Lawn Weeds and How to Control Them


Dandelion Lawmnmowerwizard
Dandelions: Harmless to most, but a pest to gardeners

Say the word ‘weed’ and most people think of invasive and nuisance plants that grow in unwanted places, be it among flower beds, creeping up between paving slabs, or in this case the lawn. Common weed types found in lawns include daisies, dandelions, and clover. With discipline and a simple maintenance plan most lawn weeds can be dealt with early to avoid the onset of a larger ‘infestastion’ that is harder to cope with. Although you might automatically think that such activities all take place in the Spring and Summer, Autumn lawn care is also important.

Identifying Lawn Weeds

Typically lawn weeds manifest themselves in one of three ways

  • Flowers such as daisies and buttercups appear in the lawn, and this is most evident when the grass is longer and in need of cutting
  • The grass appears patchy and uneven, and areas of increased growth indicate the presence of weeds
  • Areas including weed may thrive better or worse during drought giving the effect of a patchy lawn with some green and some brown areas

Why Weeds spread and How to Control Them

Weeds in lawns are able to survive regular mowing and can easily spread either by seed or wide reaching stems, depending on the amount of weed and the area it covers a number of different approaches can be taken to tackle the problem, these fall under two broad categories: Non-Chemical and Chemical.

Non Chemical Weed Control Methods

  • Aerating and feeding the lawn. This ensures that the grass has a head start over weeds, meaning less chance of the weeds making an appearance
  • Rake the grass before mowing to damage and discourage creeping weeds from growing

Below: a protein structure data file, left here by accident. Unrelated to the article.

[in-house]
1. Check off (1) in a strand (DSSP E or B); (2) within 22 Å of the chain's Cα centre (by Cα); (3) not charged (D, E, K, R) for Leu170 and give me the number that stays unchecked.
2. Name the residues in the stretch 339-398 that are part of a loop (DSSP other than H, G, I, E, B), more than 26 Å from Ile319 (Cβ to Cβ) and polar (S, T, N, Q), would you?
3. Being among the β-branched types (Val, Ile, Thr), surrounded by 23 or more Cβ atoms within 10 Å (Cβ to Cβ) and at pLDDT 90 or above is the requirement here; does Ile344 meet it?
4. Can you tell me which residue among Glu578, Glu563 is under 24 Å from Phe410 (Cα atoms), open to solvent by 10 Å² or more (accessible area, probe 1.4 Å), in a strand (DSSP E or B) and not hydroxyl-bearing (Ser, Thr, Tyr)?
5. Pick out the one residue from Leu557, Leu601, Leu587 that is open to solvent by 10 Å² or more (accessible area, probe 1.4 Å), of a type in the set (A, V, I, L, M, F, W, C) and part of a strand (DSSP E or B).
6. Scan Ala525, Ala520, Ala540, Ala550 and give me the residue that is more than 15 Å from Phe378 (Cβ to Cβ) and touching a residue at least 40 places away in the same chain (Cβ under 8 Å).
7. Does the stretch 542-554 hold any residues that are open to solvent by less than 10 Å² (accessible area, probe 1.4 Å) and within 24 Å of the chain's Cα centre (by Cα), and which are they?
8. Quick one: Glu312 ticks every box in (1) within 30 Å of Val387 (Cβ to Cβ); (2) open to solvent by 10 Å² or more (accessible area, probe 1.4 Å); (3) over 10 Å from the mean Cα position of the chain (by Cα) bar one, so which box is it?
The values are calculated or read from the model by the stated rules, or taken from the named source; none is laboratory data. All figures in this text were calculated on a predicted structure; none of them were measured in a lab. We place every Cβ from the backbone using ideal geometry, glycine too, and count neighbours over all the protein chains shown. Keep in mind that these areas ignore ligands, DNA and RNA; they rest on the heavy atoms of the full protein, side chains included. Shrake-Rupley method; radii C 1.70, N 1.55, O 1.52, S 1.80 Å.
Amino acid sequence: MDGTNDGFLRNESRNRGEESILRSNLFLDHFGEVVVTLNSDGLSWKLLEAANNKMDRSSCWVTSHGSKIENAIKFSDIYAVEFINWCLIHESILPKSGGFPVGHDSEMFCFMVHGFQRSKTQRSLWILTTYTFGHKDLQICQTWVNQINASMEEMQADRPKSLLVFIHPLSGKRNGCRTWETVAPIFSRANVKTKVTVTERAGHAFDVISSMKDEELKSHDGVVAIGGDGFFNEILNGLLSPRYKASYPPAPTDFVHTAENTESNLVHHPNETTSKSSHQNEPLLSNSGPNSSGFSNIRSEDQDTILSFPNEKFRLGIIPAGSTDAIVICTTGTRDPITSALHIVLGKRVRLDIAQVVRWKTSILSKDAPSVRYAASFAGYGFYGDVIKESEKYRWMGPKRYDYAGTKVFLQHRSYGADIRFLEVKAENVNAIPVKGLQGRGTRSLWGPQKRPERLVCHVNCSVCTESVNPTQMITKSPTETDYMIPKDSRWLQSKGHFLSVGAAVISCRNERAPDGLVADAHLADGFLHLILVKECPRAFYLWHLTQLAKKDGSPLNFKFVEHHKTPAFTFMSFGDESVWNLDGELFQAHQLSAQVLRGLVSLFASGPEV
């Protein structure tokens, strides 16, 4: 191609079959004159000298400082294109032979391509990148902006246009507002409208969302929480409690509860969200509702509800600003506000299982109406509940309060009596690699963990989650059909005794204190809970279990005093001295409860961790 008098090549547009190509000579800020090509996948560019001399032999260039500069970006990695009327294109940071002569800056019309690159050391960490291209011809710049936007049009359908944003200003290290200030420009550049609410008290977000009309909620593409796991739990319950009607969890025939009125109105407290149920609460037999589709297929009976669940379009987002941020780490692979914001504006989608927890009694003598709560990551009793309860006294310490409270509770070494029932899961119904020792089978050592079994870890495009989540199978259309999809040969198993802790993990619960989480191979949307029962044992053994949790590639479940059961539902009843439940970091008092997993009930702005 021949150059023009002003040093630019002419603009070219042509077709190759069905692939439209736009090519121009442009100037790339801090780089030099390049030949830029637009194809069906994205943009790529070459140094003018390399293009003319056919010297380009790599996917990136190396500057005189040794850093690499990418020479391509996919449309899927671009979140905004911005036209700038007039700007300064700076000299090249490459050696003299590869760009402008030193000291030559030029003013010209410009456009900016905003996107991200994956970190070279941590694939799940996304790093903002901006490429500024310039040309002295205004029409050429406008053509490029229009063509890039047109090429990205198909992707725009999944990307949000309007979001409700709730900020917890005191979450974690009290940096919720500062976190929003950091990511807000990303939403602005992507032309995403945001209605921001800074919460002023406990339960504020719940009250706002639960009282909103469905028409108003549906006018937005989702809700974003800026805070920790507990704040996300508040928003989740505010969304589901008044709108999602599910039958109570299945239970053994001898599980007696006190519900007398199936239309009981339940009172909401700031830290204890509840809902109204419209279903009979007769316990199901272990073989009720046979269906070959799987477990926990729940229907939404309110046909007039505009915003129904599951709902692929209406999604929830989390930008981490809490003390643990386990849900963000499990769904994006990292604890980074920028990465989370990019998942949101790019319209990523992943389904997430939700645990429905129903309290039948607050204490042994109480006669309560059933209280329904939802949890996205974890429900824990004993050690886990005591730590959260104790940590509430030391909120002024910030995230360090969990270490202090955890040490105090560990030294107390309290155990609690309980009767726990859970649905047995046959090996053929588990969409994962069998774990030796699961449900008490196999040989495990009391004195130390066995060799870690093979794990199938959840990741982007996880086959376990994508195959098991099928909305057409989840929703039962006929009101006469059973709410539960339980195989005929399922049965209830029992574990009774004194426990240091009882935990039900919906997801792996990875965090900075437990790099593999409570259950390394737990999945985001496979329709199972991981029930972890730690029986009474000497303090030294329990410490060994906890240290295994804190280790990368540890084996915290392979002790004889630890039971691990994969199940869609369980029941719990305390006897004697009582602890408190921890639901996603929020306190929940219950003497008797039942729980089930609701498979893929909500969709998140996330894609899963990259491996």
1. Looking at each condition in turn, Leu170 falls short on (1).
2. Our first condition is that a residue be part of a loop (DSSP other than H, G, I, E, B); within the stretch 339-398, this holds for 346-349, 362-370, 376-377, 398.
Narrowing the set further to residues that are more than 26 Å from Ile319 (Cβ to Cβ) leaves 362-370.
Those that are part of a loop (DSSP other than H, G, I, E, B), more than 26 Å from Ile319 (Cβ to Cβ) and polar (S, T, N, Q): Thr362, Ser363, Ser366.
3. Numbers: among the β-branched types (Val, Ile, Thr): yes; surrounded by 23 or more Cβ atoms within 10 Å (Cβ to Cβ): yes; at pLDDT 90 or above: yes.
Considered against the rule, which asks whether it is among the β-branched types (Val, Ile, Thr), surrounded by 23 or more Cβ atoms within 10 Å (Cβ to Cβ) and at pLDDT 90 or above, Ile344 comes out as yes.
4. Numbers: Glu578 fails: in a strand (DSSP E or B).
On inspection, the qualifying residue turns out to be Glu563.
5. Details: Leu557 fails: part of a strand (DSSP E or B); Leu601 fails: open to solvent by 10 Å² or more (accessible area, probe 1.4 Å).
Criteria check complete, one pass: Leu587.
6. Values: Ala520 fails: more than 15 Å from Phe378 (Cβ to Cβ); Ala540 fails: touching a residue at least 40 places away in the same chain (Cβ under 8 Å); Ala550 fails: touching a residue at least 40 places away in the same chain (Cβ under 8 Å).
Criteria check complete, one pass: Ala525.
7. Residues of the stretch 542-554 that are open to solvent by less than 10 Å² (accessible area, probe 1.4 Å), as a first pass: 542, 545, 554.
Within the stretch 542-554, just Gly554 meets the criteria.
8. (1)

• Dig or pull out weeds such as daisies and dandelions, as well as weed killer resistant weeds such as silverweed or white clover
  • Add lime to your soil in Winter, this will prevent certain weeds such as sorrels from growing come Spring time
  • Unless you can spare the time to keep on top of it, don’t cut your lawn too short as this will weaken the grass and leave the door open for weeds to come in
  • Make sure any compost added near or on the lawn is of good quality and does not contain any active weeds as you will simply end up introducing them to the lawn

Chemical Weed Control Methods (When the Above is Ineffective)

  • Make sure you read the instructions given by the weed killer manufacturer to ensure you are adding the right dosage safely
  • Choose a weed killer that is suited to the task at hand and your own personal preference, many types are available from sprays to granules, and some may require a watering can to apply.
  • Bare in mind that although many weed killers work on a single application basis, some others require several applications over the course of a month or more.
  • Be particularly cautious when applying weed killer to new lawns, as the fledgling turf will be susceptible to damage by many types of weed killer. Look for products containing Fluroxypyr when treating new lawns.

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